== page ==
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Whichever platform you choose to use, be mindful of the amount of time you need so that your infographic is clear, aesthetically appealing and doesn’t look rushed. Remember, you want to impress your boss!
As I stated previously, premade graphics can save you a lot of time, but that’s not the only reason you should use them.
Premade graphics are vector images, design elements, or icons, that were made by either a third party company or another designer. You can find them on the internet or on an infographic design platform like Visme.
When it comes to choosing premade graphics from a third party, there are a few things you should keep in mind.
First, look for quality images. Remember that the larger the image you choose is, the better. It’s easy to retain the quality of an image that is scaled down, but not so much when scaling up.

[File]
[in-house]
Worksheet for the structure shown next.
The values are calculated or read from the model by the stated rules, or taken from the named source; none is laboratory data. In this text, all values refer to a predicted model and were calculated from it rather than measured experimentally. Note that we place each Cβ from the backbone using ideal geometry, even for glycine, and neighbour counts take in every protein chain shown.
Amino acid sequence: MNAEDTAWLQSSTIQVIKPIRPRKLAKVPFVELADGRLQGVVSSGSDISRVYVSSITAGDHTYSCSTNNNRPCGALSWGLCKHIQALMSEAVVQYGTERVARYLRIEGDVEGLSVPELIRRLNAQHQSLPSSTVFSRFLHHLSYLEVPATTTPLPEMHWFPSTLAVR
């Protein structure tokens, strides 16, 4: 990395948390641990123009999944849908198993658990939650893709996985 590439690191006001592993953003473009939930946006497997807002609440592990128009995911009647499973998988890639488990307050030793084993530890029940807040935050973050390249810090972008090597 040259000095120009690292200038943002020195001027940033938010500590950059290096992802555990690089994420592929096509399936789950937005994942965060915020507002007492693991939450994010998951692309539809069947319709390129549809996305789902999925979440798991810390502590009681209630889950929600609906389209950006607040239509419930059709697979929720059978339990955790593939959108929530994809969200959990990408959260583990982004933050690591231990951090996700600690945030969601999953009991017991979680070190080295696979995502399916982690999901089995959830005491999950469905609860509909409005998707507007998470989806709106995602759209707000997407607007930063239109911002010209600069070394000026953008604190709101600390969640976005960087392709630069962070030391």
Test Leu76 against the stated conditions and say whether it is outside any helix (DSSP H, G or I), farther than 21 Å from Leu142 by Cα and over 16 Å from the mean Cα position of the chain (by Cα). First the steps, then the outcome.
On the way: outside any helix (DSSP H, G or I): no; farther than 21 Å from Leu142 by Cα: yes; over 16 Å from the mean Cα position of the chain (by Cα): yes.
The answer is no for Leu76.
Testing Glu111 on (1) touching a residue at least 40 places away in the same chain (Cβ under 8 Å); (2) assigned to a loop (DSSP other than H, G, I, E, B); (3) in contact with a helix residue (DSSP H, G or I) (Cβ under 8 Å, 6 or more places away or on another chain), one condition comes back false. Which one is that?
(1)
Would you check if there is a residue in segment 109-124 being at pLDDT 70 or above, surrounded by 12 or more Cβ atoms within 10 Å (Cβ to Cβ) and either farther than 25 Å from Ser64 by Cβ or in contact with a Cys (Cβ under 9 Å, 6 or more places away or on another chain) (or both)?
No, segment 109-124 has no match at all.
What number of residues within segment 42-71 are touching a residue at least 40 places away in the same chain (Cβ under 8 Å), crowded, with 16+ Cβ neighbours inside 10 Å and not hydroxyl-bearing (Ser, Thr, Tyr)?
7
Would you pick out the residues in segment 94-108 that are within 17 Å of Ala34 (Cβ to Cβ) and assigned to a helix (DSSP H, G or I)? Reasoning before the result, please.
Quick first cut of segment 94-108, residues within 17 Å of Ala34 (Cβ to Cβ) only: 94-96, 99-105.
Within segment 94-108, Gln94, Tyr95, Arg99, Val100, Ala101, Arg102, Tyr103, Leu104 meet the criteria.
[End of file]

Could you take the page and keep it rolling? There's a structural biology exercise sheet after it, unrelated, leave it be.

Transparent PDFs are going to be easier to incorporate into your design. You can use another program, such as Adobe Photoshop, if you need to remove any background, but this can be rather tedious.
You want to make sure that there’s a common design theme across all of the third party graphics you use. In other words, if your graphics were cartoons, they should all look like they’re from the same cartoon universe.
Lastly, many third party graphics sources charge for each one.
Depending on your project and how hard your boss is to impress, this may be worth it. But my advice would be not to overpay for some of these.
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Many infographic design platforms offer an arsenal of expertly designed graphics to drop into your infographic. Our infographic design platform is no different. Check out some of the graphics that Visme has to offer.
In western cultures, most of us are hardwired to examine information from left to right, and from top to bottom. This doesn’t always have to be the case when designing your infographic, but keep it in mind.